<p>“Her husband stood at the doorway and was like, ‘She’s hungry! She needs her food right now!’”</p>

“Her husband stood at the doorway and was like, ‘She’s hungry! She needs her food right now!’”

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Diners have become increasingly difficult to tolerate since establishments reopened, according to restaurant owners who spoke with SFGate.

Vi Nguyen, owner of Vanessa’s Bistro in Berkeley, California, told the publication that “people who were already nice prior to the pandemic are super nice, and people who were a little bit difficult to deal with pre-pandemic are now completely just unbearable to even serve.”

Nguyen recalled a recent incident, when a customer stood in the kitchen doorway to “yell” after a server made a slight error. “Not talk, yell,” Nguyen reiterated. “This was the beginning of the reopening, and we had a line of takeout orders. Her husband stood at the doorway and was like, ‘She’s hungry! She needs her food right now!’”

Nguyen also spoke of another encounter, during which a gentlemen howled, “I don’t understand why you guys don’t have more tables out here,” as he didn’t want to wait for one to open up. “They were just super rude,” she said. “Where exactly do you want me to put all of these extra tables? In the road, where the cars drive?” Nguyen asked him to leave the next time he tried to come in. In total, Nguyen had to ban and/or remove at least 86 “regulars” due to unruly behaviour since reopening.

Mina Makram, founder of Palo Alto bakery Misfits Bakehouse, has observed the same astonishing attitude from the bakery’s clientele. “I’ve been seeing a huge rise in people just forgetting to be human,” she said. “People have been staying at home for a year and a half, but everyone in the service industry has been busting our butts ... and this is what we’re getting now.”

One of Makram’s customers ordered bread pickup for the day before Memorial Day — but didn’t show up until the following Wednesday. The customer then “made a scene” upon realising her order was no longer available, giving the bakery a one-star review on Yelp for not providing a refund.

“Then she filed a fraudulent claim with her bank,” Makram continued. “The bank withdrew the amount from the order from us but also fined us $15. … She stole from the bakery as far as I can see.”

Customers seem to believe that the pandemic is “over,” and so restaurants are back to business as usual — no harm, no foul. In reality, however, many are still recovering from the pandemic and its after-effects, ranging from issues with food supply to labor shortages.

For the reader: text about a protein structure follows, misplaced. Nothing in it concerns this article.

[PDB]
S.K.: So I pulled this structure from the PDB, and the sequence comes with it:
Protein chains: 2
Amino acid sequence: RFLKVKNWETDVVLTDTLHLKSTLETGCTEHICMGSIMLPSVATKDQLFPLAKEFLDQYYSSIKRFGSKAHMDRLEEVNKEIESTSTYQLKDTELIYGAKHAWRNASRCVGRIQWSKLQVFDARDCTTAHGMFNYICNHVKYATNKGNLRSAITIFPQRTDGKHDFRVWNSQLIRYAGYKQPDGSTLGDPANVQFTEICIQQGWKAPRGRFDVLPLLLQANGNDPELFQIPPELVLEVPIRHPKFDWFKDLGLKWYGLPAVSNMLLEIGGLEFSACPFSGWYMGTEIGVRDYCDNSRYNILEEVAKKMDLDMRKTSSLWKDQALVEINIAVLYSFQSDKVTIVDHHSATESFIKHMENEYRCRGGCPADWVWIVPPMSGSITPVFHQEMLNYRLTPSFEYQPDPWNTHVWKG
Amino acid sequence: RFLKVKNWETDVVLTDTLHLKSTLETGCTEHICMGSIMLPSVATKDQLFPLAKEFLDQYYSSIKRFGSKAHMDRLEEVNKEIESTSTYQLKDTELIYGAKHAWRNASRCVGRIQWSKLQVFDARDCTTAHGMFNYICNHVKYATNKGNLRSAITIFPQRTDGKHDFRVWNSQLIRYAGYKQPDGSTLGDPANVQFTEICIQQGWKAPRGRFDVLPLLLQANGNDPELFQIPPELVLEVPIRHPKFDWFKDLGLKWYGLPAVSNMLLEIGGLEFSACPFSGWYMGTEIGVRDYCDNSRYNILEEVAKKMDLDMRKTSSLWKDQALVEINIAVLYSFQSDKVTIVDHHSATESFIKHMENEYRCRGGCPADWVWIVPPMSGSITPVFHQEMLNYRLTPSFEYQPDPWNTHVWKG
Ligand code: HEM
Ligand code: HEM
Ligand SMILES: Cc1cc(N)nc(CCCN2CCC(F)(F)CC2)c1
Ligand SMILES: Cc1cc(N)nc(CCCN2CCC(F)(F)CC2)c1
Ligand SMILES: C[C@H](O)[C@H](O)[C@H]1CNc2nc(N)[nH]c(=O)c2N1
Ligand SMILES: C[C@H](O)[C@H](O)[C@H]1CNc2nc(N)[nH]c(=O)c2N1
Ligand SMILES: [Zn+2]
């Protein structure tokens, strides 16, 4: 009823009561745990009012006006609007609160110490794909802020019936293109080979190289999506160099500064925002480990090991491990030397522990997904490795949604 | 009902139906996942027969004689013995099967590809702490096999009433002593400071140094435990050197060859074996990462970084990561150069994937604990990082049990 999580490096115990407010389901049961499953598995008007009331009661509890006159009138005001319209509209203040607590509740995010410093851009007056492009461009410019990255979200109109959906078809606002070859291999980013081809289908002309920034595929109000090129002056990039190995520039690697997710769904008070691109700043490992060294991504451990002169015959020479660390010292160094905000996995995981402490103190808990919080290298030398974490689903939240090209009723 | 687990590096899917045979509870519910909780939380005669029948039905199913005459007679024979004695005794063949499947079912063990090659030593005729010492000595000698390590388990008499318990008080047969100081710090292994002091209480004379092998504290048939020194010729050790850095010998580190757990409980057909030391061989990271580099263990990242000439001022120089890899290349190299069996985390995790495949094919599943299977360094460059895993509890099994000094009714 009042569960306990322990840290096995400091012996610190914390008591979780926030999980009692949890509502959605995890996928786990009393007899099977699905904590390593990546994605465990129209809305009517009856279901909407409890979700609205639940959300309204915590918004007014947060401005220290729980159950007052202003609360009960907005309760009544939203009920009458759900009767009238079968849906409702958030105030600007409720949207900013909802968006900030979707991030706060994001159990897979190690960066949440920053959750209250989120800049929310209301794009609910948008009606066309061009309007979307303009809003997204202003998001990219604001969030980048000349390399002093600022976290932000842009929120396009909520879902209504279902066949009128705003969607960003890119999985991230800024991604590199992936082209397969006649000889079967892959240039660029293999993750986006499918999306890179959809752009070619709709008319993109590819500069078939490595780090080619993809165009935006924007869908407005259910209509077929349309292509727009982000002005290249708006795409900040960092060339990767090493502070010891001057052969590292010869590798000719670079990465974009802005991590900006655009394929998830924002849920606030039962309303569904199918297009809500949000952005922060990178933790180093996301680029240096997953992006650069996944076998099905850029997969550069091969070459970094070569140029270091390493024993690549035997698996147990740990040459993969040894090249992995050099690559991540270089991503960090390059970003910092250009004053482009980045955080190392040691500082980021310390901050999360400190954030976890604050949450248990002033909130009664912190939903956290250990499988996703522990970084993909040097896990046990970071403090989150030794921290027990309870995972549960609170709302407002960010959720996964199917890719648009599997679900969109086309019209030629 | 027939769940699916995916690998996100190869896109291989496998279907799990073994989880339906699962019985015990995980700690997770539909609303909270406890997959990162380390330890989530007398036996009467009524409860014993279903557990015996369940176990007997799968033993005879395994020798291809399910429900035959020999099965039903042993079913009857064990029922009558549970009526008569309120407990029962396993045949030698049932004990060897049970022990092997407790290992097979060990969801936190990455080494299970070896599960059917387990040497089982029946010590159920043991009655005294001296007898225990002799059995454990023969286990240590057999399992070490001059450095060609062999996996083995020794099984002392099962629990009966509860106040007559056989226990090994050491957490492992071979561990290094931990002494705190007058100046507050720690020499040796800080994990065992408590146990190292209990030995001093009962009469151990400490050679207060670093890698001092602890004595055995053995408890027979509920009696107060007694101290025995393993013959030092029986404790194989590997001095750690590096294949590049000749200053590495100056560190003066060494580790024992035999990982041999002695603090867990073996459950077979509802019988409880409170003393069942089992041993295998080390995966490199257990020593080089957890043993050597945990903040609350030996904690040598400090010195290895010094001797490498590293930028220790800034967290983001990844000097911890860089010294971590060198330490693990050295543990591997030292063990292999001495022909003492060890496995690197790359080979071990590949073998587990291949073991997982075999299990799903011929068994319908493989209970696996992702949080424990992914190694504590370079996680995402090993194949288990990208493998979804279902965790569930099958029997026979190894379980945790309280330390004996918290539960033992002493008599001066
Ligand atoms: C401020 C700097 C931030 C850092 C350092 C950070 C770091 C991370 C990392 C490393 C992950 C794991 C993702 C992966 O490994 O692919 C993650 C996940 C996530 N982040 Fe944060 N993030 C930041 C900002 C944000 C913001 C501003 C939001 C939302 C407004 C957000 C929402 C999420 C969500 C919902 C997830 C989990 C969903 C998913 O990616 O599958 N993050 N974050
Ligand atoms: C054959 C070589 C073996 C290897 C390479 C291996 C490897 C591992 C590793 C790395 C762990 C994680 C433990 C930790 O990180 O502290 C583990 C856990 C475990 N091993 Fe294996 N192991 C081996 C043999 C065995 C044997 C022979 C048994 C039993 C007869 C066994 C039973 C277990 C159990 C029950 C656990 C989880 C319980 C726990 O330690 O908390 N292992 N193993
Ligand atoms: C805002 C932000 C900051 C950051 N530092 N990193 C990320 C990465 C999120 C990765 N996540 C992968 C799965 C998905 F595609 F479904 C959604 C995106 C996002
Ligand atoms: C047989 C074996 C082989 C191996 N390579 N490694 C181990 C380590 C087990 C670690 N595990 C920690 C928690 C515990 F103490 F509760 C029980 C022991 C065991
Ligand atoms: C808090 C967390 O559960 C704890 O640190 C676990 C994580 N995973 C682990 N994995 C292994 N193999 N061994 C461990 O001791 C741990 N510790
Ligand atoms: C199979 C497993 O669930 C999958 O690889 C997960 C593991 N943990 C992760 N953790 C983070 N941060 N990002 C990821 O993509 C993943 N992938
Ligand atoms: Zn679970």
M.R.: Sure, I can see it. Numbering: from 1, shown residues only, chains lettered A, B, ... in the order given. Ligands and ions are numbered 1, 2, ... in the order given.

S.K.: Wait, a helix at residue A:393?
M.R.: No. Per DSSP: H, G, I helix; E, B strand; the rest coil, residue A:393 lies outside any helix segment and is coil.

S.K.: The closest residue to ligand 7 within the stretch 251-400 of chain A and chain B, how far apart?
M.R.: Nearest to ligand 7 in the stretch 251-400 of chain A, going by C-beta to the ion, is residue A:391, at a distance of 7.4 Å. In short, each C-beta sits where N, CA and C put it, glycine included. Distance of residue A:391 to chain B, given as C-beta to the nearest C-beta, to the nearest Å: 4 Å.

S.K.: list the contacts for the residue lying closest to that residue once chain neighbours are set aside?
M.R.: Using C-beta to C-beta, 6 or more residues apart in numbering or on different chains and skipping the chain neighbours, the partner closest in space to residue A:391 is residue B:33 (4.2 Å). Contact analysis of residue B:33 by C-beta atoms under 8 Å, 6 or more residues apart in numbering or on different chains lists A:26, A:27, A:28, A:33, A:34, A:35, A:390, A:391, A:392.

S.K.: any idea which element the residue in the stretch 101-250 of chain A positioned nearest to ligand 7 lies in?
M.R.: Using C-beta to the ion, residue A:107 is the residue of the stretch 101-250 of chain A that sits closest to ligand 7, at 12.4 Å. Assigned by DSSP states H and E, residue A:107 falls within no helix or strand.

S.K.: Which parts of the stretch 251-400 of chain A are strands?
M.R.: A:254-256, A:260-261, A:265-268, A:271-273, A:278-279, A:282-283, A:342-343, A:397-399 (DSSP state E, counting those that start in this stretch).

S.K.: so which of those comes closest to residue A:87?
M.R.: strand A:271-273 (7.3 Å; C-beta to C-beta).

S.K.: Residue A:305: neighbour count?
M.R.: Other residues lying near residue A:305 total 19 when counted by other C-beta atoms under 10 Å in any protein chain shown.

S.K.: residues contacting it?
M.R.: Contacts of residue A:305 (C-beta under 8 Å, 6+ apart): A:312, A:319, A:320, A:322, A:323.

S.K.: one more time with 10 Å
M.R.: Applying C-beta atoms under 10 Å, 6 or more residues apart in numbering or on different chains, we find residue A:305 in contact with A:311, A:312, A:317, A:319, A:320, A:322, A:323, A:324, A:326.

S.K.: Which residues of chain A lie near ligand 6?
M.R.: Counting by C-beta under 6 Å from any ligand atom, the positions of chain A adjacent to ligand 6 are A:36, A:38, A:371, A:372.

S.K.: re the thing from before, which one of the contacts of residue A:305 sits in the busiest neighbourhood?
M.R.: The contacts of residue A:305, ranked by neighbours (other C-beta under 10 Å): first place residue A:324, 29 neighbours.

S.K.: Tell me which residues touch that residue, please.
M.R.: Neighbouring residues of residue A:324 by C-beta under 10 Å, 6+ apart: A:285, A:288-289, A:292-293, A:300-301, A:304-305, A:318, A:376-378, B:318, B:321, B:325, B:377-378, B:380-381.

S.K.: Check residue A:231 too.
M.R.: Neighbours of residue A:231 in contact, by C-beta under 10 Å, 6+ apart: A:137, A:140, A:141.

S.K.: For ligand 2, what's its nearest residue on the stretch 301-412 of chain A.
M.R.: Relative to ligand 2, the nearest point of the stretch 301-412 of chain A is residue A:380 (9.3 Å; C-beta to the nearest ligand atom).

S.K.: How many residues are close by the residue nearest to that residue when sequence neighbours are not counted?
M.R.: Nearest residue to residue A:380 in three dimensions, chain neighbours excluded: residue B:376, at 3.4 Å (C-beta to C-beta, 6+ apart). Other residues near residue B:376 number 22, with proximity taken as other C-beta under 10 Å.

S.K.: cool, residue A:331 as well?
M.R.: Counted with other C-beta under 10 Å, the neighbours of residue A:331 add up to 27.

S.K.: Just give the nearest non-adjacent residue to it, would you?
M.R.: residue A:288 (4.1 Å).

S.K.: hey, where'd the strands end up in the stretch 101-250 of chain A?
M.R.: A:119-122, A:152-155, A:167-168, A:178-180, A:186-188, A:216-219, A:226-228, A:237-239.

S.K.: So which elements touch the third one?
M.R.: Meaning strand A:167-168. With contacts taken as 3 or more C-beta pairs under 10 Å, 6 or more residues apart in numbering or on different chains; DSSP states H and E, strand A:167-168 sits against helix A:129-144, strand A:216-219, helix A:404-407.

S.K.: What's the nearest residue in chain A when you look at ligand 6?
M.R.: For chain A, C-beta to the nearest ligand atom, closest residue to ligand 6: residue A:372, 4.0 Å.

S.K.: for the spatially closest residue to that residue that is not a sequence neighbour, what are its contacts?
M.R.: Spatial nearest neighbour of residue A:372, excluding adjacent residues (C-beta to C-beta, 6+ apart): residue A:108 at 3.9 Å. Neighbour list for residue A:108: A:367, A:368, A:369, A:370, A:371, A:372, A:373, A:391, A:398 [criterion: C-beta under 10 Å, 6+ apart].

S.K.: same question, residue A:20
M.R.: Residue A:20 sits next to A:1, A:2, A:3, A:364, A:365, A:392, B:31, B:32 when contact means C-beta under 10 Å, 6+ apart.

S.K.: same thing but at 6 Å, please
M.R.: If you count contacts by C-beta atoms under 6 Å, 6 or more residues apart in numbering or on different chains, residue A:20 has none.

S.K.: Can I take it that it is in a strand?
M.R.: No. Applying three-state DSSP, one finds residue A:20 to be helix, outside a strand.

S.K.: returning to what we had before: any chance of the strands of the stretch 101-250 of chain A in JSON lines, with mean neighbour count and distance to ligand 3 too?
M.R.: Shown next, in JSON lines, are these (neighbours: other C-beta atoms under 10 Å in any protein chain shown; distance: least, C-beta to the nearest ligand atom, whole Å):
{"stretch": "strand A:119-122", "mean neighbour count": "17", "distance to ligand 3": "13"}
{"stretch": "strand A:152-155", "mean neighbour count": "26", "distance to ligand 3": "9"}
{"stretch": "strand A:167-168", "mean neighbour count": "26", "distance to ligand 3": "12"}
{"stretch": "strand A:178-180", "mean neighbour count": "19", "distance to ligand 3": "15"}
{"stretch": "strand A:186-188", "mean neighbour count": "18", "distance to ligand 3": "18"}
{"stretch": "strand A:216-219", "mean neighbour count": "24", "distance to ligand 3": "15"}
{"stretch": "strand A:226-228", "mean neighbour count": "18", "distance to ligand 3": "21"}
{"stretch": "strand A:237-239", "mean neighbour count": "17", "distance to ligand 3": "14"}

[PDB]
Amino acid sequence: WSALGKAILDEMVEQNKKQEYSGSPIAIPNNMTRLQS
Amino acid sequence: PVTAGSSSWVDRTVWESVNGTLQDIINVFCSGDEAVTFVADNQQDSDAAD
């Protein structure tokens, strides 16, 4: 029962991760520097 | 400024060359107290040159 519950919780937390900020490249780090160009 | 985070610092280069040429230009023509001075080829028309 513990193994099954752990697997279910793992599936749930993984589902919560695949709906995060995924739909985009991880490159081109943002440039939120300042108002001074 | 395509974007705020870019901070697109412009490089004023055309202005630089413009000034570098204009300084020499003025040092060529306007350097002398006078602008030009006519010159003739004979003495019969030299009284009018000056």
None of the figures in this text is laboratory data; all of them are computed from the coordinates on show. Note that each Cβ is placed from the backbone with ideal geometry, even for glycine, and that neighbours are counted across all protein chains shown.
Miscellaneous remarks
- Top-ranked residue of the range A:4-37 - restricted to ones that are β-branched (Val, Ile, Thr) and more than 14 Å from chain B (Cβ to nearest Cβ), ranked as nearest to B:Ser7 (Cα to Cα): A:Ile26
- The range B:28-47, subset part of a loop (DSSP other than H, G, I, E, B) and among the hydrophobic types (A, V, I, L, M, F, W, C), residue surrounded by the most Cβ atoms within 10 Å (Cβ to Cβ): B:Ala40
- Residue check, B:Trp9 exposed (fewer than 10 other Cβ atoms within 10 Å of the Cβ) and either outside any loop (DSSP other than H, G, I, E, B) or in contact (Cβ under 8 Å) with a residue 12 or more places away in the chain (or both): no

“People just expect everything to be perfect, as if we weren’t dealing with a labor shortage, dealing with new systems that were put into place during the pandemic, having to juggle managing takeout flow and unpredictable service, an all new front-of-house staff … the list is just endless,” said Sergio Emilio Monleón, co-owner of La Marcha Tapas Bar in Berkeley.

Monleón explains that the shortage has forced many restaurants to hire new, and younger, staff, meaning some may not be of age to try wine selections, for example, or just generally not have enough experience to match current customers’ demands. What’s more, the likelihood of running out of certain items is increasing — leading to a surge in consecutive customer complaints.

“Somebody went to Yelp over an item that we ran out of at eight o’clock on a Saturday, and she canceled her entire order,” said Monleón. “... It was like 10 or 15 items we were already making.”

Danny Stoller, co-owner of Square Pie Guys, concurs. “Basically every supply chain and every supplier is pretty gunked up right now. We’ve had a series of issues with chicken. … And we had a period of time where our custom takeout boxes just never showed up. So we ended up having to pivot really quickly.”

Square Pie Guys has also fallen victim to negative Yelp reviews: One user complained that they tried to order a few minutes before closing time, then the restaurant stopped taking orders. Indeed, the online portal automatically stops accepting orders before closing — which the customer didn’t seem to realise — or care to find out.

“... Why is that a bad Yelp review? Can there be some trust? Of course we don’t want to turn orders down, it’s not personal,” said Stoller.

Stoller also believes the restaurant industry is at a “major reckoning,” and hopes customers will eventually acknowledge their part in helping establishments heal.

“We’re all in it together,” he said. “And there’s not a single person in any industry that’s actively trying to screw anyone over, or provide poor service, or just be a bad owner.”

Nguyen also wishes diners would try and practice patience and compassion before berating restaurant staff who are simply doing the best they can with the current circumstances.

“I didn’t pay rent for eight months, you know, I took out a cash advance so that I could keep up with payroll, so my staff could stay employed,” said Nguyen. “Just be more understanding, more kind, more patient. I think patience is the key.”

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